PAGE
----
LINK. "Billyburg" is basically hipster ground zero as far as NYC is concerned and the main shopping street is full of boutique cheese shops, European style cafes, local designer and artist boutiques. The big controversy over there now is that Duane Reade and other chains will be moving in and this has created a divide with new and old residents. One new Manhattan-to-Brooklyn transplant saw the shift as progress, lamented on the fact that many of the trendy boutiques are cash-only and that chains like Dunkin' Donuts would be great for the neighborhood which altogether caused a big stir on a recent Curbed post: LINK.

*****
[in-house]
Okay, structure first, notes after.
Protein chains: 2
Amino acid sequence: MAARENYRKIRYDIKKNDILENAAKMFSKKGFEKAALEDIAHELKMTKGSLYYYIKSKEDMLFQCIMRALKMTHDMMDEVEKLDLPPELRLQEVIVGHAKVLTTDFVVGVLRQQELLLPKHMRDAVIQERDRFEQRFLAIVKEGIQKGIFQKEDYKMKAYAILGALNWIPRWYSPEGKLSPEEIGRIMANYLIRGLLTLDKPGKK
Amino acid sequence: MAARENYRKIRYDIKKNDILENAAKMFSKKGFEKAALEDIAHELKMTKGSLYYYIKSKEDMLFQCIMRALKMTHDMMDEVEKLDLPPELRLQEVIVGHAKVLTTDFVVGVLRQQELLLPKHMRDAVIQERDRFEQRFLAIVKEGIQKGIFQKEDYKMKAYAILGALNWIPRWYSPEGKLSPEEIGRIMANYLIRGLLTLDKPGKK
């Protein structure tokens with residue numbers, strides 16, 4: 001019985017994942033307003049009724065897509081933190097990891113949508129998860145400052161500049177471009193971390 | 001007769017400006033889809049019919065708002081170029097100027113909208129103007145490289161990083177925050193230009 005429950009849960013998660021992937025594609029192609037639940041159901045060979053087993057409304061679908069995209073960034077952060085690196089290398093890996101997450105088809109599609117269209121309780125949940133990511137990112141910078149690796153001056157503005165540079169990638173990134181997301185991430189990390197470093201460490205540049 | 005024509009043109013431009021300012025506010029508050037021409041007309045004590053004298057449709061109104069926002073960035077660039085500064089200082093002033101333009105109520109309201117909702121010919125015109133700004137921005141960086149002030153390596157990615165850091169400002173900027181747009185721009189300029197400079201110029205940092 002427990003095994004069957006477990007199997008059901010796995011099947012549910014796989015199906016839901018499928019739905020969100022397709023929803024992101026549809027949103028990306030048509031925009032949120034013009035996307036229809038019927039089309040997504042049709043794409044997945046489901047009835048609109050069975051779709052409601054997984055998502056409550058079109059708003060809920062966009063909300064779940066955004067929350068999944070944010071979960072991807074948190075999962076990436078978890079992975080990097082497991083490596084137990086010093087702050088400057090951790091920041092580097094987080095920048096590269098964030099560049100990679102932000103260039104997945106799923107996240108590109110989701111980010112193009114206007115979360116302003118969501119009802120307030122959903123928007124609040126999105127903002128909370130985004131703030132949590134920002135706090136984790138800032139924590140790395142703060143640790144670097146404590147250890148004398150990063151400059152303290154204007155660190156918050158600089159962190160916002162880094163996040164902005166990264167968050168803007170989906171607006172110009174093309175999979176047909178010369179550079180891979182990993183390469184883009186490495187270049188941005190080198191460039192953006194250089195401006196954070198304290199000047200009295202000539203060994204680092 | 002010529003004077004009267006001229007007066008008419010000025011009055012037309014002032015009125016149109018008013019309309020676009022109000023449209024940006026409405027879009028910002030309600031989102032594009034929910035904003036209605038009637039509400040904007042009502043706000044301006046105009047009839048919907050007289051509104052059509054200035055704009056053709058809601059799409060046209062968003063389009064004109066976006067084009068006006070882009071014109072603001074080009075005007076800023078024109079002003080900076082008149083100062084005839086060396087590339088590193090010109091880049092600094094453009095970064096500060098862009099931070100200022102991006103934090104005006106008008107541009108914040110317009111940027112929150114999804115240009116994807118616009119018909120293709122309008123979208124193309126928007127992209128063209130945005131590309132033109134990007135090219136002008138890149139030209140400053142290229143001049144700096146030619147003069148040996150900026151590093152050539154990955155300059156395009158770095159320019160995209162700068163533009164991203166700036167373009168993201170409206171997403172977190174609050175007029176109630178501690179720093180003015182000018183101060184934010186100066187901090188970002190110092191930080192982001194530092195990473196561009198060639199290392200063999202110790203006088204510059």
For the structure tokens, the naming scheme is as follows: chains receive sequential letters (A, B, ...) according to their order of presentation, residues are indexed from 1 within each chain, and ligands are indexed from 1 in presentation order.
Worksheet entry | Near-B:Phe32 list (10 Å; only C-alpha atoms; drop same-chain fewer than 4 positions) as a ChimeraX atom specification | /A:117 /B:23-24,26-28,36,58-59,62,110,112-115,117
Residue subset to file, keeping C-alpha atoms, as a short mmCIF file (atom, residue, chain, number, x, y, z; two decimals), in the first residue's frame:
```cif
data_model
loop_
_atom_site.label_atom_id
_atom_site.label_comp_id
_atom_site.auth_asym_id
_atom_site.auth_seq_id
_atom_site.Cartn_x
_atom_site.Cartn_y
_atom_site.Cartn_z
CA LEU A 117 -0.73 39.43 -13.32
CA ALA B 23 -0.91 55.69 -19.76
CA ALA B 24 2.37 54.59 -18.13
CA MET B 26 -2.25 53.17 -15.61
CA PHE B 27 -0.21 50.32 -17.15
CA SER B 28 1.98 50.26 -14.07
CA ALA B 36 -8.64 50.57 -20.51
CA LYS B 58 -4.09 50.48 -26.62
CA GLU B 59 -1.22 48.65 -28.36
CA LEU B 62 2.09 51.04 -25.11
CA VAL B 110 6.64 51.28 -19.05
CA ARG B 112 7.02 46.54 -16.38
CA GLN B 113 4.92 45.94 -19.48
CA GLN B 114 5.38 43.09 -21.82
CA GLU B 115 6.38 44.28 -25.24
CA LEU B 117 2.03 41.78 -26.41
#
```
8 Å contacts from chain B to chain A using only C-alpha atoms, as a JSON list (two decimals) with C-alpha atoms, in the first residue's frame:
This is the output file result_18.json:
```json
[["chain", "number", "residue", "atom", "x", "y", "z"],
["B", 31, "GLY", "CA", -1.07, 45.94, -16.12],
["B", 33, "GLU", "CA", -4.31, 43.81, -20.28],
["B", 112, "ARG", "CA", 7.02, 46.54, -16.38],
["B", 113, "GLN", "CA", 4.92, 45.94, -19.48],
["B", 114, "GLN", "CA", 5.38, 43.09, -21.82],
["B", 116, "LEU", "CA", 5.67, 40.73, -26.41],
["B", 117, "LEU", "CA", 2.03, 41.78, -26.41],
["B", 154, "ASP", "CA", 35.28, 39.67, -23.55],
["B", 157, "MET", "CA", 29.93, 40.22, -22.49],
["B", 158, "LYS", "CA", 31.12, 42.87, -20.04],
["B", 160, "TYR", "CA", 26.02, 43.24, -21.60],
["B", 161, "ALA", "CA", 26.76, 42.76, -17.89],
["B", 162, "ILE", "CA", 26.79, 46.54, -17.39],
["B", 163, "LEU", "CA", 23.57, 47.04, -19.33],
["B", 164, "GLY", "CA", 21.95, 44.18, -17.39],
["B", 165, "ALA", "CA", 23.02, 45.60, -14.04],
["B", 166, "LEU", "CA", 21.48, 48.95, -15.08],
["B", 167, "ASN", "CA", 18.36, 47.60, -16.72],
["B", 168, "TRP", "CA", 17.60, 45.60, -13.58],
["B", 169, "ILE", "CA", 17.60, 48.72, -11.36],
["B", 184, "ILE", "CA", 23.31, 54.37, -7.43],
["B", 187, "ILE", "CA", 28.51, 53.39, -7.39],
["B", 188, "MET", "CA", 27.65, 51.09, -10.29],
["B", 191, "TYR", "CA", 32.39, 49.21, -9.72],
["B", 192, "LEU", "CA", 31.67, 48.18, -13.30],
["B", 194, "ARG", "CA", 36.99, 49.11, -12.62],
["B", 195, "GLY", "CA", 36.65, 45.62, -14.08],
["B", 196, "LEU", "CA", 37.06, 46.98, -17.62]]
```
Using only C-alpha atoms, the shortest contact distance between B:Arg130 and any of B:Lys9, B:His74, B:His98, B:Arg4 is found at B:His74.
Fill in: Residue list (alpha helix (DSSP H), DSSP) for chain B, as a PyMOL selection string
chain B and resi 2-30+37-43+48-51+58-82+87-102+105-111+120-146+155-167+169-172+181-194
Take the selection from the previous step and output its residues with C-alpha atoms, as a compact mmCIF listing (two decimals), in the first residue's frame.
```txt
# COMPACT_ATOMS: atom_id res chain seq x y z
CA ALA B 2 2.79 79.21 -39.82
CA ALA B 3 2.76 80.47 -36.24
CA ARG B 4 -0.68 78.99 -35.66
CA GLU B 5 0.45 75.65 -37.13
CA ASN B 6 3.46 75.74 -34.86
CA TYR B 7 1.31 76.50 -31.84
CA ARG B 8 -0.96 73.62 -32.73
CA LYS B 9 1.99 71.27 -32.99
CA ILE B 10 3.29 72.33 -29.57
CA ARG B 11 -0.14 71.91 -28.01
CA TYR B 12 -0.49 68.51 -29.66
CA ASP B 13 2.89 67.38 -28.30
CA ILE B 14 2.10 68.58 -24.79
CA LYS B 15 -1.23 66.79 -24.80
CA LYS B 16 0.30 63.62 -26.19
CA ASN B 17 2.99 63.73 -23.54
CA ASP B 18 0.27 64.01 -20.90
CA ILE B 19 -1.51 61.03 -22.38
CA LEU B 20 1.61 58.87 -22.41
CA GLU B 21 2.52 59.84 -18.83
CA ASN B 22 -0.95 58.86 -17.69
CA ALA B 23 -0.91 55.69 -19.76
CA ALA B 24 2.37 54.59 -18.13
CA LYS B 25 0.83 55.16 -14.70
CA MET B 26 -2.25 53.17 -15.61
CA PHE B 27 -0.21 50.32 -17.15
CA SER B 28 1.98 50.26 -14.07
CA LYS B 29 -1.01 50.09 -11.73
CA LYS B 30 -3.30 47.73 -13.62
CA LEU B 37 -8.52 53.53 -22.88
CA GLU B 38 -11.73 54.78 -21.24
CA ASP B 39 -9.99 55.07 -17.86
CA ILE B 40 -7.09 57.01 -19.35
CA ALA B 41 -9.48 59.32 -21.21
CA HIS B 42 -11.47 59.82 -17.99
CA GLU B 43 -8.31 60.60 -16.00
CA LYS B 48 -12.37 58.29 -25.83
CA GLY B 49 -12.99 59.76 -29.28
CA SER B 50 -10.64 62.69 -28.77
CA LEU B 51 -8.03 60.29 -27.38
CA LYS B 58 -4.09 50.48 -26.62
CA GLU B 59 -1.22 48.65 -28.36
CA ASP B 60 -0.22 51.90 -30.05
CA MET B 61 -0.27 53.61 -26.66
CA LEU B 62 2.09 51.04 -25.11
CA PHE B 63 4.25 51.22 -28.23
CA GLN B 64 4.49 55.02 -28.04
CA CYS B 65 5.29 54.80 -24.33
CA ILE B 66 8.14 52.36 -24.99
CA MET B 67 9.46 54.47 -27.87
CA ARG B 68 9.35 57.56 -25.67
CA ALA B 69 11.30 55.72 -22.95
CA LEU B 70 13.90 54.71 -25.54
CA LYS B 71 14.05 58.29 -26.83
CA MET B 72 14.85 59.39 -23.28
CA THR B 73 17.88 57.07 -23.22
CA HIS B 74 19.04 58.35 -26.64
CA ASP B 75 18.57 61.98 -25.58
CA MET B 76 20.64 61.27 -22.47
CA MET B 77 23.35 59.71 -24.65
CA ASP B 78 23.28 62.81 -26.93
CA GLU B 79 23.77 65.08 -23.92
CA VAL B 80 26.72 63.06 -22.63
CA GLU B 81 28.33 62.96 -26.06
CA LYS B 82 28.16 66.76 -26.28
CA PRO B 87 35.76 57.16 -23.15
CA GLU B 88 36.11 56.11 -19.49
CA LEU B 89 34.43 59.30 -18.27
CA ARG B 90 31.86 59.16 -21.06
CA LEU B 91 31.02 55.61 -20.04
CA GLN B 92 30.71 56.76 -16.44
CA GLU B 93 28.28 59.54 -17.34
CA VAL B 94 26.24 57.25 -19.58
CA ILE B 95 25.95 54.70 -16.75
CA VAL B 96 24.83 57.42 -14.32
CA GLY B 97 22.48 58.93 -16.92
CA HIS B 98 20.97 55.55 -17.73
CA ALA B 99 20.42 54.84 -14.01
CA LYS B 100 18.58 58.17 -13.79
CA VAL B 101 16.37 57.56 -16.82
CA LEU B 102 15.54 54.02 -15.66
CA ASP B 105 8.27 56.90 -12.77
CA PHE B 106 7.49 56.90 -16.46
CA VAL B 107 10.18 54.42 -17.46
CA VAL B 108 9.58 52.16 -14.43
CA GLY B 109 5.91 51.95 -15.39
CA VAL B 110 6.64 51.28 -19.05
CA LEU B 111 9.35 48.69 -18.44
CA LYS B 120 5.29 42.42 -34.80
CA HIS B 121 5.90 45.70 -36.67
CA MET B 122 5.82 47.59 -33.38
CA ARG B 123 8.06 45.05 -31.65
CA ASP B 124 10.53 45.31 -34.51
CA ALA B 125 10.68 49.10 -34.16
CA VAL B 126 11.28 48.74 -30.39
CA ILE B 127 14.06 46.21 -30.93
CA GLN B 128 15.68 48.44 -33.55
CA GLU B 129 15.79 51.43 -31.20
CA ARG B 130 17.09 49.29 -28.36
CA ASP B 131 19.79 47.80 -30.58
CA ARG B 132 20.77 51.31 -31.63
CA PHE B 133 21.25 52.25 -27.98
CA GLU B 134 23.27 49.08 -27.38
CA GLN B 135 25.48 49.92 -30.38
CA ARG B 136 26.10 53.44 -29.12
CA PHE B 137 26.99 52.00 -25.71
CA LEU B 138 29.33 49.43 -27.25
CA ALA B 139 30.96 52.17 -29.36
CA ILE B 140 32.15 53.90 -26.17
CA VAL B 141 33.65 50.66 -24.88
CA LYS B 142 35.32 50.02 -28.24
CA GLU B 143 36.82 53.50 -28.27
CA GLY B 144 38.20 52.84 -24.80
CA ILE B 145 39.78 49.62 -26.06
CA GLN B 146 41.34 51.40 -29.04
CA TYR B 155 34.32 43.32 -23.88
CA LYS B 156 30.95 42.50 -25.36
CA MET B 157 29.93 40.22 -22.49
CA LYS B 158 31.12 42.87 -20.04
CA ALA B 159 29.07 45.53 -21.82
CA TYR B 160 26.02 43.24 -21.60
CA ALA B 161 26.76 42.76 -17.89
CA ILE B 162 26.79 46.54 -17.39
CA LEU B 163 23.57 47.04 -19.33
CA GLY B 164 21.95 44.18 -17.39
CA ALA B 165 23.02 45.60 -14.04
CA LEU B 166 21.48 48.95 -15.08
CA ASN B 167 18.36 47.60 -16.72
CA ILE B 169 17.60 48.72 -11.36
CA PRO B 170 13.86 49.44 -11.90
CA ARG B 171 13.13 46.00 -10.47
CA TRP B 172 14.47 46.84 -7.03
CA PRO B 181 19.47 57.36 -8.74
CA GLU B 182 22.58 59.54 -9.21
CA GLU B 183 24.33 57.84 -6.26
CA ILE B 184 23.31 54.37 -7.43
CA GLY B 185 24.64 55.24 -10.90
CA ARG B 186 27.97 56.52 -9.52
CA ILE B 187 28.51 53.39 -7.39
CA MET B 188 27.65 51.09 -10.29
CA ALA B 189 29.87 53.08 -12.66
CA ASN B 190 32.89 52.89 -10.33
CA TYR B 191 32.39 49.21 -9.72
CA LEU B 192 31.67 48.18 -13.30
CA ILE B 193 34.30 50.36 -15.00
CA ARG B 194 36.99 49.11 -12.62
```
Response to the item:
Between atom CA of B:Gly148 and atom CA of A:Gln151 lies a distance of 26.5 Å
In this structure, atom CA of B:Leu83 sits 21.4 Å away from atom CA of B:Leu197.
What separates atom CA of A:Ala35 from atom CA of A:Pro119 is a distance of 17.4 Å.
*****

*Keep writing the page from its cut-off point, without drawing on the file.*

So Harlem is a bit the opposite of what's happening in Brooklyn since it seems a lot of chain store came first before neighborhood-friendly boutiques and cafes. There's quite a few Dunkin' Donuts, Duane Reades, national bank and the ubiquitous Subway restaurant to go around uptown. This might be a rent issue because many of the new condos have a higher overhead so the smaller, intimate eateries and shops in Harlem tend to be in older buildings. Maybe some of the empty commercial spaces that are available around town these days should figure out some financial incentives to attract better businesses that are not chain stores. Harlem definitely has enough of them already.